Cameron establishes viable connections all over the world because of her job as a Startup Facilitator. She stressed the importance of not meeting as many people as possible but instead connecting with a select few of influential people and focus on building rapport with them. Alex on the other hand believes that you should make as many connections as possible and then “hack them” for your advantage. This difference in selective connections instead of as many connections as possible differentiates the two. They both see the importance of using connections to your advantage as a similarity. Alex taught us of the importance of using leverage to take your career to the next level. He leveraged what he did in the past to gain better and better positions until he was unstoppable. Overall Cameron and Alex taught us the importance of connections and had slightly different viewpoints as to strategy.

One of the only disagreements I had with the advice of the speakers was Alex’s discussion about hacking our connections. After past friends attempting to “hack” me and ask for free marketing promotion I realize the possible problems with this. Some friendships could be compromised if one is “hacking” as many as possible. I side more with Cameron on this matter because I believe finding certain people and working on a long lasting relationship is the first step. Once a real relationship is established then if your relationship is typically that of business nature then I feel it is fine to leverage connections. In conclusion I disagree with hacking a lot of our connections because of tampered relationships; I believe that only business relationships with rapport involved can be “hacked”.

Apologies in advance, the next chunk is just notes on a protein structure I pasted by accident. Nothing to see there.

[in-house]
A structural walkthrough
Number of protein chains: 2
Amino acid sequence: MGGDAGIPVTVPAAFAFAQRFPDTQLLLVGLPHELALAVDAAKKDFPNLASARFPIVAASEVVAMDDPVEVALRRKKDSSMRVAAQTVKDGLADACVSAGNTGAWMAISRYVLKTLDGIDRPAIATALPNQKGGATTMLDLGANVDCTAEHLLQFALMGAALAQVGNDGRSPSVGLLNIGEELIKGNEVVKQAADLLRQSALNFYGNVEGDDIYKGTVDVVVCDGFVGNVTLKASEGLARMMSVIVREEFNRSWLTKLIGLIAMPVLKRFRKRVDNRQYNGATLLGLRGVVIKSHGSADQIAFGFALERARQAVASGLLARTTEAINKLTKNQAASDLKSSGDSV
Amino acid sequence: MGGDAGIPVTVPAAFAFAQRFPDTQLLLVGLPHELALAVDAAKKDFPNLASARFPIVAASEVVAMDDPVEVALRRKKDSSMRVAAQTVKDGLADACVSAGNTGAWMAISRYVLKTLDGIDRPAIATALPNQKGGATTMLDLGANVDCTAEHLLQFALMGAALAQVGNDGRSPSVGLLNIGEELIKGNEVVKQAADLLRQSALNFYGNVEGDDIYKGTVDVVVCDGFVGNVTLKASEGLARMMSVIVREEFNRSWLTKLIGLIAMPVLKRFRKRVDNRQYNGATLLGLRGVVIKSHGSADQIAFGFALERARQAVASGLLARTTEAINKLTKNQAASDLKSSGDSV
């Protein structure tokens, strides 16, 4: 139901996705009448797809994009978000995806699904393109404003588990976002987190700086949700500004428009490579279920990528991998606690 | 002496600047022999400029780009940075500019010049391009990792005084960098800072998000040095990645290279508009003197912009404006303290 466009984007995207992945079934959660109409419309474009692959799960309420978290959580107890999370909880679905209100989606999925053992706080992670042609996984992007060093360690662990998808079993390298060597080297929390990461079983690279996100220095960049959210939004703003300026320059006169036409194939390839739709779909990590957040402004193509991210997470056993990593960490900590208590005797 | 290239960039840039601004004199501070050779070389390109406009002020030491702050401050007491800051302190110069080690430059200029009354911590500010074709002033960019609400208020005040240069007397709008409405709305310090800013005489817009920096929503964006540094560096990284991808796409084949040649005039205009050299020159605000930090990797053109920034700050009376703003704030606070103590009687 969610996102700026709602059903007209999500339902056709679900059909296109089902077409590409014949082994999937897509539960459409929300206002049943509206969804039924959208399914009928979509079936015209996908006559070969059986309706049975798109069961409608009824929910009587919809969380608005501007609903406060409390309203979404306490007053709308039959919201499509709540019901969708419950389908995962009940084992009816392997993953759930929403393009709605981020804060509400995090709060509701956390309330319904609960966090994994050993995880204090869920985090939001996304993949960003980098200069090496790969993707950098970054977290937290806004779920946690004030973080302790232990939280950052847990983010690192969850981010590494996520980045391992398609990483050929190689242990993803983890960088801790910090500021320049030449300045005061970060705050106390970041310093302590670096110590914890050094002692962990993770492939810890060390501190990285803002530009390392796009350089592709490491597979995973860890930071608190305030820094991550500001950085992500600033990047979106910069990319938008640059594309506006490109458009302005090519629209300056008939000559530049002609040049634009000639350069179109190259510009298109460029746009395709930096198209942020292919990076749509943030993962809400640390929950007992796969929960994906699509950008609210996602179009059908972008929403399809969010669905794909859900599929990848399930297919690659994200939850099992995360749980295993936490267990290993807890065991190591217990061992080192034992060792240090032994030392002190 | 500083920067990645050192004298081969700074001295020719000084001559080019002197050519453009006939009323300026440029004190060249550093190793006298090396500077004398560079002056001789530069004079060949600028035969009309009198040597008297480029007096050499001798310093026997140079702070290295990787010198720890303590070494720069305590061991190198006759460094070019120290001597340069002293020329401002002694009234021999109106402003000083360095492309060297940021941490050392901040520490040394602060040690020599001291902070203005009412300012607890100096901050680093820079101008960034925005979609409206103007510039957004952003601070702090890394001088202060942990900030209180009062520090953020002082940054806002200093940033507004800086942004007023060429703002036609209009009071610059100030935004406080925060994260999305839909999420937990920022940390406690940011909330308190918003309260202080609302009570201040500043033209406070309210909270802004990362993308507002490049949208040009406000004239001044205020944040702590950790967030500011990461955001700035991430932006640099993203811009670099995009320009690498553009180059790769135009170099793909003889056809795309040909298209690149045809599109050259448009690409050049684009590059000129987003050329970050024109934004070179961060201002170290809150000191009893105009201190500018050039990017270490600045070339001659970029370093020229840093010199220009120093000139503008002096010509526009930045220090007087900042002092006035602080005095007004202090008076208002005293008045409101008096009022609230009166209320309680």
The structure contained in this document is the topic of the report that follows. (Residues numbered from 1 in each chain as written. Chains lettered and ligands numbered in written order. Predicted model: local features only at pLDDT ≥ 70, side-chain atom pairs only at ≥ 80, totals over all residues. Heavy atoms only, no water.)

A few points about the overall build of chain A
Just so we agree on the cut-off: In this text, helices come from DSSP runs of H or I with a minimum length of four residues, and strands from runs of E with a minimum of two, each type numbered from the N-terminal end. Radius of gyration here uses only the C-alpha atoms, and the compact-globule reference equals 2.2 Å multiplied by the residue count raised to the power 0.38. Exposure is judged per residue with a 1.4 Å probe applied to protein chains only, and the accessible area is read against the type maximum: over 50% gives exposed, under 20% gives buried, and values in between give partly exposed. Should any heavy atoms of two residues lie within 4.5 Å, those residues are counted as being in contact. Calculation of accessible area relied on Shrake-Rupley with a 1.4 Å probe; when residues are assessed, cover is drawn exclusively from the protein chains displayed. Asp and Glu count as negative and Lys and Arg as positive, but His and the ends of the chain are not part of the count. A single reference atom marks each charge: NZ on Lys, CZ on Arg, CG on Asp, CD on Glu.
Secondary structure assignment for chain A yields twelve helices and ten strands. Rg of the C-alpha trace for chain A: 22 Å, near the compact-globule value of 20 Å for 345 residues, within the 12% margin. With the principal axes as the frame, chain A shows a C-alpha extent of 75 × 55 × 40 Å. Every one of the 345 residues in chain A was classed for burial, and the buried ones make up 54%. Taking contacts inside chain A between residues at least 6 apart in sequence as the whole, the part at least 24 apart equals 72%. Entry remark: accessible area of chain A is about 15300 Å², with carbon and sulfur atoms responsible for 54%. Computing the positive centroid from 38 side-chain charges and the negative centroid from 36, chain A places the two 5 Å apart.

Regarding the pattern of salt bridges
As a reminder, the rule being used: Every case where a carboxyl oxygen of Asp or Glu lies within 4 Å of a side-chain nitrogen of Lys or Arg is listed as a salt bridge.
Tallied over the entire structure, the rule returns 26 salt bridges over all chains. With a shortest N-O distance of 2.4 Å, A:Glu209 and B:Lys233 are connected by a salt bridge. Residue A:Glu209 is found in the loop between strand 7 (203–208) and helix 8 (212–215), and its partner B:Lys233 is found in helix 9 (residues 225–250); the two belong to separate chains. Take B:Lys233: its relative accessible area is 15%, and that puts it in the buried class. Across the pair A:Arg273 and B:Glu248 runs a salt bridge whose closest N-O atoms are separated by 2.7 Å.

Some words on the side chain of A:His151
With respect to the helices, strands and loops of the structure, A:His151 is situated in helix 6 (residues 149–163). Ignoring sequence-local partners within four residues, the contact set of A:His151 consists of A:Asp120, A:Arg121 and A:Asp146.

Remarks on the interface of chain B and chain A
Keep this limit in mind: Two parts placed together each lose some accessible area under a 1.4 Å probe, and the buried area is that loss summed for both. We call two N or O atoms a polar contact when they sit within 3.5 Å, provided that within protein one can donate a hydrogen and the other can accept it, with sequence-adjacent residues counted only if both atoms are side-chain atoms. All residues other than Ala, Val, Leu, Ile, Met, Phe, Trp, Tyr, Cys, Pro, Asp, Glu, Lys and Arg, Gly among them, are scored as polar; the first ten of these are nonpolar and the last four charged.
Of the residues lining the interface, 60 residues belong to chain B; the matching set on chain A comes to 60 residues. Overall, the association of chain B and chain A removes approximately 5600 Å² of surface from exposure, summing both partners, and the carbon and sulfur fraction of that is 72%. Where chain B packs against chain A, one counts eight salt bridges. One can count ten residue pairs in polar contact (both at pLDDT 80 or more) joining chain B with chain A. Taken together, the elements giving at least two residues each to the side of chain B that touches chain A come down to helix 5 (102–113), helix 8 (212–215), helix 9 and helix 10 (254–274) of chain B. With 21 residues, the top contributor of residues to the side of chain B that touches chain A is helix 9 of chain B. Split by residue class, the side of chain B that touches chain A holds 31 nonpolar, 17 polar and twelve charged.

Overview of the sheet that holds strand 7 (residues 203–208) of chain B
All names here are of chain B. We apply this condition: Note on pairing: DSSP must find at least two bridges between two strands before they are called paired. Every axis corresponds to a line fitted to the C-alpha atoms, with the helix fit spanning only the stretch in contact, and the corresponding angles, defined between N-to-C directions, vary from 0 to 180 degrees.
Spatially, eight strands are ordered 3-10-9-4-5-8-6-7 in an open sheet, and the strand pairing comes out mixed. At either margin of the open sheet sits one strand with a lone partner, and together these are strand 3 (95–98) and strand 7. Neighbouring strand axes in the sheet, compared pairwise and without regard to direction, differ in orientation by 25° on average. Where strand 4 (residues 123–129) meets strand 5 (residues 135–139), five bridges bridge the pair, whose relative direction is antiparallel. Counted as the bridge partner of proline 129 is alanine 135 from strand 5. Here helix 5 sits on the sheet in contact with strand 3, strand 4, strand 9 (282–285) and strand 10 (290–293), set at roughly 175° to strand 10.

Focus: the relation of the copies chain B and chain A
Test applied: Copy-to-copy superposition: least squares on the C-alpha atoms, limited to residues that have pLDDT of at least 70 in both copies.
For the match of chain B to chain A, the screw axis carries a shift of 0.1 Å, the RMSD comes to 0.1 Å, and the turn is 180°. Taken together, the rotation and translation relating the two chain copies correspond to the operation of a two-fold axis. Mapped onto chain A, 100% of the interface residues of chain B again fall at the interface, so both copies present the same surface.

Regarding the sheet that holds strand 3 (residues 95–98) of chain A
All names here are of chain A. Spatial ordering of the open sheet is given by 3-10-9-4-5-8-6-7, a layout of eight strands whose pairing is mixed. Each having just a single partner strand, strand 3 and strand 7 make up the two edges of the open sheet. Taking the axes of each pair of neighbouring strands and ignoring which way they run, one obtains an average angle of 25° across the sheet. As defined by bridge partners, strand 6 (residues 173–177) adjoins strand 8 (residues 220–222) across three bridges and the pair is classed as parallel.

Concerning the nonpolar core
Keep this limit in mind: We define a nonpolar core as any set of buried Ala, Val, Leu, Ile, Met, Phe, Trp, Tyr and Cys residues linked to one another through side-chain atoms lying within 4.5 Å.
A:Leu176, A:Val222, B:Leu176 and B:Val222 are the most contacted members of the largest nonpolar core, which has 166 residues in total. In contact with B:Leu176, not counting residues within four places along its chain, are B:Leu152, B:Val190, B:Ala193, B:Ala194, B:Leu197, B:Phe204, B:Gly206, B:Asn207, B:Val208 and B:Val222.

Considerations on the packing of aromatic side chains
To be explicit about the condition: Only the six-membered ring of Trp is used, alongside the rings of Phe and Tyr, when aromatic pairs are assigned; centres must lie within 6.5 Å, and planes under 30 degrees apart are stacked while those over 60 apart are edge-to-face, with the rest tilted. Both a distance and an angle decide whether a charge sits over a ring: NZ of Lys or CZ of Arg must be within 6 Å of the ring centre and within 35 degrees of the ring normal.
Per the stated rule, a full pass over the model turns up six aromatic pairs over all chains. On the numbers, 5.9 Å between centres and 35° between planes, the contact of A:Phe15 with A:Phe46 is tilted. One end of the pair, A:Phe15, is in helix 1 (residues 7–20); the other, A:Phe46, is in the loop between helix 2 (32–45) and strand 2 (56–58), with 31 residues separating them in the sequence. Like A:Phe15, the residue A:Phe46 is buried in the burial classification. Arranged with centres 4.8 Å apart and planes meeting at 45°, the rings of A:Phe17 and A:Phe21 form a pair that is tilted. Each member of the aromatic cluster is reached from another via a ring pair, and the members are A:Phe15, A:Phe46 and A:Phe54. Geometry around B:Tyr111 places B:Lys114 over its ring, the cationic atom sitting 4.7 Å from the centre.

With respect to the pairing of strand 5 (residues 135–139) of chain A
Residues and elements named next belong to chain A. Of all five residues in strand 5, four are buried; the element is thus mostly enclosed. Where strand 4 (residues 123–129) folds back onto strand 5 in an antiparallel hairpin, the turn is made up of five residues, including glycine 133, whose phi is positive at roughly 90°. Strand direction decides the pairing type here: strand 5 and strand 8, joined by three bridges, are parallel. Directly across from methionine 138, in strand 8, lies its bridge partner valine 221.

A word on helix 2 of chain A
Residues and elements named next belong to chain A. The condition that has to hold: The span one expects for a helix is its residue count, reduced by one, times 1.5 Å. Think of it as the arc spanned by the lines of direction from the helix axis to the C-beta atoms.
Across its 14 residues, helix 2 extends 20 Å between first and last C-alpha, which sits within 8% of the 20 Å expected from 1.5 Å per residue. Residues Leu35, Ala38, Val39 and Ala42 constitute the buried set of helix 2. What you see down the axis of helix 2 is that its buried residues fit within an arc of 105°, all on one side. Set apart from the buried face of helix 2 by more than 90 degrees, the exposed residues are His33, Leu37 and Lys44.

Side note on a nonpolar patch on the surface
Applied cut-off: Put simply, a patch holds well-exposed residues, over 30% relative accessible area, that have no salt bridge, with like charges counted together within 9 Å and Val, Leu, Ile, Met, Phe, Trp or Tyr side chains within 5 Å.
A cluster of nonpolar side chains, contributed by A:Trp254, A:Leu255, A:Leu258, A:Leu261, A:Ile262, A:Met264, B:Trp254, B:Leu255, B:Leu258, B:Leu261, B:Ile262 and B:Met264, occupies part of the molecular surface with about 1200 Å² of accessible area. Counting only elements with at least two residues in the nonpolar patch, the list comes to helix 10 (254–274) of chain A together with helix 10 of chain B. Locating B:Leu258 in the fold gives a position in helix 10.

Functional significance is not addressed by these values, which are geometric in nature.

1. You are attending a cocktail party with some Silicon Beach entrepreneurs and they are challenging you on your decision to major in Entrepreneurship, specifically with how business planning is a waste of time. Describe three solid points that they will probably make to support their critique. After considering their argument, can/how will you argue in support of business planning and more importantly defend your educational decision to study entrepreneurship at LMU?

At a cocktail party if Silicon Beach entrepreneurs were challenging me on my decision to major in entrepreneurship I would rebut their arguments. With that said there would be three solid points that would support their critique. I would imagine their first point would be that majoring in entrepreneurship is pointless because paying a college for a credential that does not help with getting a job is a waste of time. Their second point would probably be that there is an abundance of free information online about starting a business and paying a college to teach you is a waste of money. Their third point would probably address the notion that there is a difference between theory and practical application and planning a business does not even remotely gauge its feasibility in the real world. With the three points argued by my fellow Silicon Beach entrepreneurs in mind I intend on refuting their claims and defend business planning as well as my educational decision to choose this as my major.